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Tas St. LOUIS AND New-ORLEANS TELEGRAPH.—This line extends from St. Louis, Mo., to Nashville, Tenn., via Cairo, Ill., and Paducah, Ky. Length, about 400 miles. River crossings have greatly retarded the prosperity of this line. During the past summer, submarine cables have been laid across the various streams, and now the Company work successfully through cables across the Ohio, Mississippi, Tennessee and Merrimac rivers, making the most extensive submarine line in America. A reliable connection south of Nashville with New Orleans, will enable the line to pay a handsome diyidend at an early day. Col. Wm. Tanner is President.
New-ORLEANS AND On10 TELEGRAPH.— The line of this Company extends from New Orleans, via Vicksburg, Nashville, Louisville, Maysville, Cincinnati, Wheeling, to Pittsburg, connecting with the lines running to New York, giving a direct intercourse thereto from New-Orleans. This Company has two wires from Louisville to New-Orleans, which make not less than two wires from Boston to New-Orleans. The revenue of this Company is nearly $200,000 per annum, and is rapidly increasing. Col. Wm. Tanner is President. While the Company has the services of one in whom confidence can be so implicitly placed, as can be with Col. Tanner, there need be no fears of the property of the Company being wasted away, by wild and extravagant schemes, such as have marked the career of some other lines in America.
Rail-ROAD TELEGRAPHS.— Since it has been established that Telegraph lines greatly benefit the Rail-road routes by economy in running, and safety of lives, nearly all the leading roads in the country are securing lines along their routes, and appropriating liberal sums for their use. The day is not far distant, when every rail-road throughout the land will be compelled to adopt the use of the Telegraph in the running of their trains. We will discuss this question in future.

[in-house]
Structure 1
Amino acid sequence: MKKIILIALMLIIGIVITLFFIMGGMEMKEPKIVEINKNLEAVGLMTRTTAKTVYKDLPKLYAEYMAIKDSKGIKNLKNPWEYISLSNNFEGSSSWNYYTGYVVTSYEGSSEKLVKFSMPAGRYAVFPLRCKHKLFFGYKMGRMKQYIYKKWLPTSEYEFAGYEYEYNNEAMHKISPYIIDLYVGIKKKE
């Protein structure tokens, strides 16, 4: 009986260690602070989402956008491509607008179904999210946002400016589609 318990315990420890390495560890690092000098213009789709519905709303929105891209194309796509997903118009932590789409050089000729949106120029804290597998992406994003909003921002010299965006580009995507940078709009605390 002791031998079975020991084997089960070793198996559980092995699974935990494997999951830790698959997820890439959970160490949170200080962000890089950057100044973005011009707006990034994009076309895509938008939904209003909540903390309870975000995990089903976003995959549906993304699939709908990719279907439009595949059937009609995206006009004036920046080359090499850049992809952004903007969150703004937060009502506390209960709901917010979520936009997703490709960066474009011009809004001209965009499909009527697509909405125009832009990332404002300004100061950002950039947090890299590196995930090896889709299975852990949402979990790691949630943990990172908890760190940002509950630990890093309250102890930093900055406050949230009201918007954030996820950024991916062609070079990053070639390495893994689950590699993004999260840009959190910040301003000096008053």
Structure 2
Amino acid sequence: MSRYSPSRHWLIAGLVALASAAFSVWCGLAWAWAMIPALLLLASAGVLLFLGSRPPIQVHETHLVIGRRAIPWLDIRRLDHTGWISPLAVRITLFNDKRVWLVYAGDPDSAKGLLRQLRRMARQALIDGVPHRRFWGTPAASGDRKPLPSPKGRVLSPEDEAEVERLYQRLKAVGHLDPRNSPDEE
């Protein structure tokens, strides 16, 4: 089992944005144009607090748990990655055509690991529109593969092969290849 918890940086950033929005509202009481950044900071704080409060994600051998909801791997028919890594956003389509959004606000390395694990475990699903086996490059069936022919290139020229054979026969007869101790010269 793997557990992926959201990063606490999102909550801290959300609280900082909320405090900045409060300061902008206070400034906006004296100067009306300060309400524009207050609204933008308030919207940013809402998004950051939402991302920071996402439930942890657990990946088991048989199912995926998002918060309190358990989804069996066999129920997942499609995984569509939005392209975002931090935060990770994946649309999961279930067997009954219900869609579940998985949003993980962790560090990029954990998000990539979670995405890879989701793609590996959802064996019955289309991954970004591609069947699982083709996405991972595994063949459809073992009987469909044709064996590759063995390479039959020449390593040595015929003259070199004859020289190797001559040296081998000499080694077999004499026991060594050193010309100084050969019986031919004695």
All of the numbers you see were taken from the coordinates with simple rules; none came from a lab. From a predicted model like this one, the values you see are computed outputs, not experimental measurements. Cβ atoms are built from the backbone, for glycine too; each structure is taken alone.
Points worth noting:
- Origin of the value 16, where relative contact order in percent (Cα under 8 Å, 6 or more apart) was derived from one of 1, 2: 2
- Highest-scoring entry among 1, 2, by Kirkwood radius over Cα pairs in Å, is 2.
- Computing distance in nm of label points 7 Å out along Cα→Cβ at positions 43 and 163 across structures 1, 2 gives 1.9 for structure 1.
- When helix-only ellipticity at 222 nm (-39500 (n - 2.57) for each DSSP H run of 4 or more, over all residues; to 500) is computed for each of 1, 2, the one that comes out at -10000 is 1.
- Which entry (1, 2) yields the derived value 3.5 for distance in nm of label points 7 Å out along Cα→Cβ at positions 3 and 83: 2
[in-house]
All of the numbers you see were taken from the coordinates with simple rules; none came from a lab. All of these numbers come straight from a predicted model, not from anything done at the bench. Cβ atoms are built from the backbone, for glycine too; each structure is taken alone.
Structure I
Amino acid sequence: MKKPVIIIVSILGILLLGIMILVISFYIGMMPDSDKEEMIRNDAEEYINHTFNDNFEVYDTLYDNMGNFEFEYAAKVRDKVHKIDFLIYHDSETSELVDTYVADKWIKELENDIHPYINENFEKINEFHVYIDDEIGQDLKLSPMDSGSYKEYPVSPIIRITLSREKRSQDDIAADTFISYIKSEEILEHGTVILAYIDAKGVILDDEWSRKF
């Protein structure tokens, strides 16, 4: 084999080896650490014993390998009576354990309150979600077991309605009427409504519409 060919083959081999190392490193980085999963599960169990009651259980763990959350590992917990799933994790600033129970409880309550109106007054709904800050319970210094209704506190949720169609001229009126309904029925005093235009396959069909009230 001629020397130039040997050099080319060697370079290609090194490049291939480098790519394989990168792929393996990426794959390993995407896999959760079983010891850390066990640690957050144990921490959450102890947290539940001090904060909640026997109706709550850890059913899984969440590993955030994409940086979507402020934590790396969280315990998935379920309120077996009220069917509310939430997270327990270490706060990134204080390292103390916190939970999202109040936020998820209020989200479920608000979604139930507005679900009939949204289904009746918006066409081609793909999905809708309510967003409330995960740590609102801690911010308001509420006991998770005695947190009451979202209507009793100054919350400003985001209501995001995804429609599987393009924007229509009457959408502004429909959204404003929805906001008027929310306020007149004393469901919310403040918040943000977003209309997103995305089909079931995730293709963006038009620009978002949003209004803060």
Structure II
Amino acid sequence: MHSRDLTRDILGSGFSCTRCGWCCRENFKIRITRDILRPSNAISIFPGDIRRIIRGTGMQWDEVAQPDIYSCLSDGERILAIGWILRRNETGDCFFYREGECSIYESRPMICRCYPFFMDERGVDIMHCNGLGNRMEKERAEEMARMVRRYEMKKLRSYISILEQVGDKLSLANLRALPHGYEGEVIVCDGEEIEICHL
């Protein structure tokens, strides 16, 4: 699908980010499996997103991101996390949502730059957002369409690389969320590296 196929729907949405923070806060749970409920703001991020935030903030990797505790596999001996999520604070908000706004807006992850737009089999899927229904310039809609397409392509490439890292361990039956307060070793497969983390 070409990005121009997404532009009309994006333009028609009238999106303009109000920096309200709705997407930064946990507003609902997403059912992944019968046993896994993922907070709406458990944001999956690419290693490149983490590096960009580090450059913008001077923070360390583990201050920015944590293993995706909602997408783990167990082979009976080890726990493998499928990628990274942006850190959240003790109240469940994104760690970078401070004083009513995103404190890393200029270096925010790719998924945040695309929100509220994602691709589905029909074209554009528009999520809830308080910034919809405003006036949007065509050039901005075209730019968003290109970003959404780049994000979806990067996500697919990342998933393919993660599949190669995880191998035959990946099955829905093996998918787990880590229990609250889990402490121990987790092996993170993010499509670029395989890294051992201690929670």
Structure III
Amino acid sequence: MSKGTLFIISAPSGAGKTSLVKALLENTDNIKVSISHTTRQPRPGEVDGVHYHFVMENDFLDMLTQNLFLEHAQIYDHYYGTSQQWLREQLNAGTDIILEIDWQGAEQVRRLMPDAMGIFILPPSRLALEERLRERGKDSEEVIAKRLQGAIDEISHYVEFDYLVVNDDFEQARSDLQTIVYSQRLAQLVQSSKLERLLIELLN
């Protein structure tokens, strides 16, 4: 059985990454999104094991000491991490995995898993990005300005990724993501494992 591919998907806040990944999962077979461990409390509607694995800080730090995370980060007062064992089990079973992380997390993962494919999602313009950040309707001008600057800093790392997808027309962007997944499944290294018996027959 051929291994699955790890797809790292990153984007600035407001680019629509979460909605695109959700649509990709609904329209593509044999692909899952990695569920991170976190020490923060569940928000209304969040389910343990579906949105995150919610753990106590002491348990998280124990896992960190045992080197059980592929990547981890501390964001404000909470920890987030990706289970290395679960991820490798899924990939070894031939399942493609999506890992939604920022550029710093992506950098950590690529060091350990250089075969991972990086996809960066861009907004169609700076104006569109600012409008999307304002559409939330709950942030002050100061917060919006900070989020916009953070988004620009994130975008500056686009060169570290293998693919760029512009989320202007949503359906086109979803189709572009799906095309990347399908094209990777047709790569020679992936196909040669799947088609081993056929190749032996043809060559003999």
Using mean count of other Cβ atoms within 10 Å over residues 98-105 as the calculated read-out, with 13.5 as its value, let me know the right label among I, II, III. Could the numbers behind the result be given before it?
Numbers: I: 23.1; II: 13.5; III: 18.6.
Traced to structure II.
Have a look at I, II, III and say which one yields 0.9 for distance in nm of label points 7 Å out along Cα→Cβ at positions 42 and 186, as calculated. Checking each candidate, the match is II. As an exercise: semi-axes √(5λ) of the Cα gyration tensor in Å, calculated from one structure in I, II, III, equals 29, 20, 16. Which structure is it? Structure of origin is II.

PITTSBURG, CINCINNATI, AND LOUISVILLE LINE.—The Company extends from Pittsburg, via Cincinnati, to Louisville. Two wires the entire distance. This line is one of the best in the United States, having business connections with several long ranges. Mr. Jackson Duncan is Superintendent, and is actively engaged in the management of the line. Mr. Duncan is a practical man, well qualified for the office, and ere many months the Company will realize the advantage of having a Superintendent who studies the economy as well as the theory of operation. The men that can go out on the line, and partake with the men in the hardships of repairs, like Mr. Duncan, Mr. Brooks, Mr. Woods, and a host of others like them, are the men for Superintendents.
TELEGRAPH INCIDENT.—Early in November last, the wires of the Montreal Telegraph Line, near Northfield, Vt., was by some means caught by the loco. motive of a train of cars, on the Vermont Central Rail-road, and stripped from the poles for a distance of fifteen miles. This demonstrates two facts : 1st, that the wire was good; and 2d, that the poles were totally worthless.